As globally, EU inflation has continued to rise and hit a record high for both headline and core CPI of 5.9% and 2.7% YoY respectively. The ECB left interest rates unchanged in their March meeting, but suggested they could end their QE program by 3Q22. They also acknowledged that the current geopolitical issues will have a material impact on growth and inflation courtesy of higher energy and commodities prices. Their estimate for CY22 inflation was lifted to 5.1% vs. 3.2%. In contrast, the Bank of England raised rates for the third consecutive time to 0.75% as inflation hits a 30 year high (headline 6.2% and core 5.2% YoY), with the BOE suggesting an 8% level is possible over CY22.

An additional challenge is the resurgence of Covid cases in some EU countries such as Germany and Austria, who are recording new peaks in daily cases since the start of the pandemic. With the former ending all Covid curbs mid-March (as other jurisdictions have also done), the test will be the impact on activity as was seen in January’s stalled industrial production of zero growth courtesy of on-going supply constraints.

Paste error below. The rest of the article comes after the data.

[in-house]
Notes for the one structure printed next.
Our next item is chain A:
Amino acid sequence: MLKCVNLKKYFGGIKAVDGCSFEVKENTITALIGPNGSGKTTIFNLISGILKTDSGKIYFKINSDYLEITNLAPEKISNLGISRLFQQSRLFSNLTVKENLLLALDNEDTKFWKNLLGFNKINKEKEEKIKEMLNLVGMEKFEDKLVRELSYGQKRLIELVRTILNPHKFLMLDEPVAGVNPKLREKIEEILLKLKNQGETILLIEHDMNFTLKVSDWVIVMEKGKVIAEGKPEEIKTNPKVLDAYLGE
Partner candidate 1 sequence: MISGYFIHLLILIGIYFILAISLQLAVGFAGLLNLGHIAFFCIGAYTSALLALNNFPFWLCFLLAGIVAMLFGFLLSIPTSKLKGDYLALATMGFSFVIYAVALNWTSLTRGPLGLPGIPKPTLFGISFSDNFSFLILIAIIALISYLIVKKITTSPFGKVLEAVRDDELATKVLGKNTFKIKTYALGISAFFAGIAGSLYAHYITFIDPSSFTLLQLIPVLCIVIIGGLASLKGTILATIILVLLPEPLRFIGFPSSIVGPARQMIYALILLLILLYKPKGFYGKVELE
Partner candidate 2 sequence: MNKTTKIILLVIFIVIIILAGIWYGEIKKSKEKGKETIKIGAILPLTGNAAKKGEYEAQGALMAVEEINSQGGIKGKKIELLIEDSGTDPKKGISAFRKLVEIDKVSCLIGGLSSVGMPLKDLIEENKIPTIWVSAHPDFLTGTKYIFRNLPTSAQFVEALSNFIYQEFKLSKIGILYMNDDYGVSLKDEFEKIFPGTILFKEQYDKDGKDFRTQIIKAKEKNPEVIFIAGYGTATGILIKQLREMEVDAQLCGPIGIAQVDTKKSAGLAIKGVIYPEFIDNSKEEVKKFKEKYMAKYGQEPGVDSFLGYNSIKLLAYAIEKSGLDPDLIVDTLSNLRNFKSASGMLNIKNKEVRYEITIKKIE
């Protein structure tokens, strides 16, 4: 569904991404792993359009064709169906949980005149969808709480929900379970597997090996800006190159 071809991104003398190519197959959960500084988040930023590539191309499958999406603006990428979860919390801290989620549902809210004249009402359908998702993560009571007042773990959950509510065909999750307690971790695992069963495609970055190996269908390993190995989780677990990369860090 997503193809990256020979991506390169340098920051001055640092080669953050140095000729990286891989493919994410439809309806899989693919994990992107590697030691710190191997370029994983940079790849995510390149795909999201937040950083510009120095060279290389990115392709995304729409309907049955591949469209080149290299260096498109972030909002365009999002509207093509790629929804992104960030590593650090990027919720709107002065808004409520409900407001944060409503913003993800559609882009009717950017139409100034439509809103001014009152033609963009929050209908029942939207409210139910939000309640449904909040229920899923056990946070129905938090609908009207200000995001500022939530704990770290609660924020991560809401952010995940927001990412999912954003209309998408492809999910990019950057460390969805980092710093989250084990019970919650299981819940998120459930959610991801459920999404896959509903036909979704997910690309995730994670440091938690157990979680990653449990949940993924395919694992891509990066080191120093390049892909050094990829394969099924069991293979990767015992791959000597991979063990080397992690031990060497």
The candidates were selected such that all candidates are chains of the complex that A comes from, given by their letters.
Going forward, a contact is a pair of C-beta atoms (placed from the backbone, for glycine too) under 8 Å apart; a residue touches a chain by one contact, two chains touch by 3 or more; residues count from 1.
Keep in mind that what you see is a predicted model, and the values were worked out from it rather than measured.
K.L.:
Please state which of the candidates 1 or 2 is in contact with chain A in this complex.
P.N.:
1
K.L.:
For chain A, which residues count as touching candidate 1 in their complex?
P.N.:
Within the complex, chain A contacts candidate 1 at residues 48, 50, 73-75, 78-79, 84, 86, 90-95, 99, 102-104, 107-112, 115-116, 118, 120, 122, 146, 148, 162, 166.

A better than expected 4Q22 results season was not enough to calm investor nerves in light of the Ukrainian crisis. EPS growth for the quarter was +43%, up from the 38% expected in early January. Likewise, for CY21 a 78% increase was a beat on the earlier 73% expectation. Consensus estimates for 1Q22 are +13.5%, however we expect to see downgrades if the region’s economy continues to stall. Despite the uncertainty, M&A activity remains active with major takeover bids in the telecoms, industrials and financial sectors. We expect volatility to remain through the June quarter. From a humanitarian standpoint hopefully we reach a ceasefire in the Ukraine quickly, which would be positive for market sentiment, however macro issues of inflation and supply chain disruptions will persist, thus we move to a Neutral weighting.

EM Equities:

The EM equity market experienced a similar quarter as the developed world, with the MSCI Emerging Markets Index recording a loss of XX% amid a global sell-off in risk assets in February.

After two years battling a pandemic, the Russia-Ukraine conflict adds to the complexity and concerns around inflation and the economic recovery. While it is still too early to say what the longer-term ramification will be, the obvious first-order consequences are tougher sanctions on Russian companies. Notwithstanding the impact, Russia only accounted for a very small proportion in Emerging Markets Indices. During the March quarter, market leading index provider MSCI has further made the decision to remove Russian securities from the Emerging Markets Indices, effective 09 March 2022.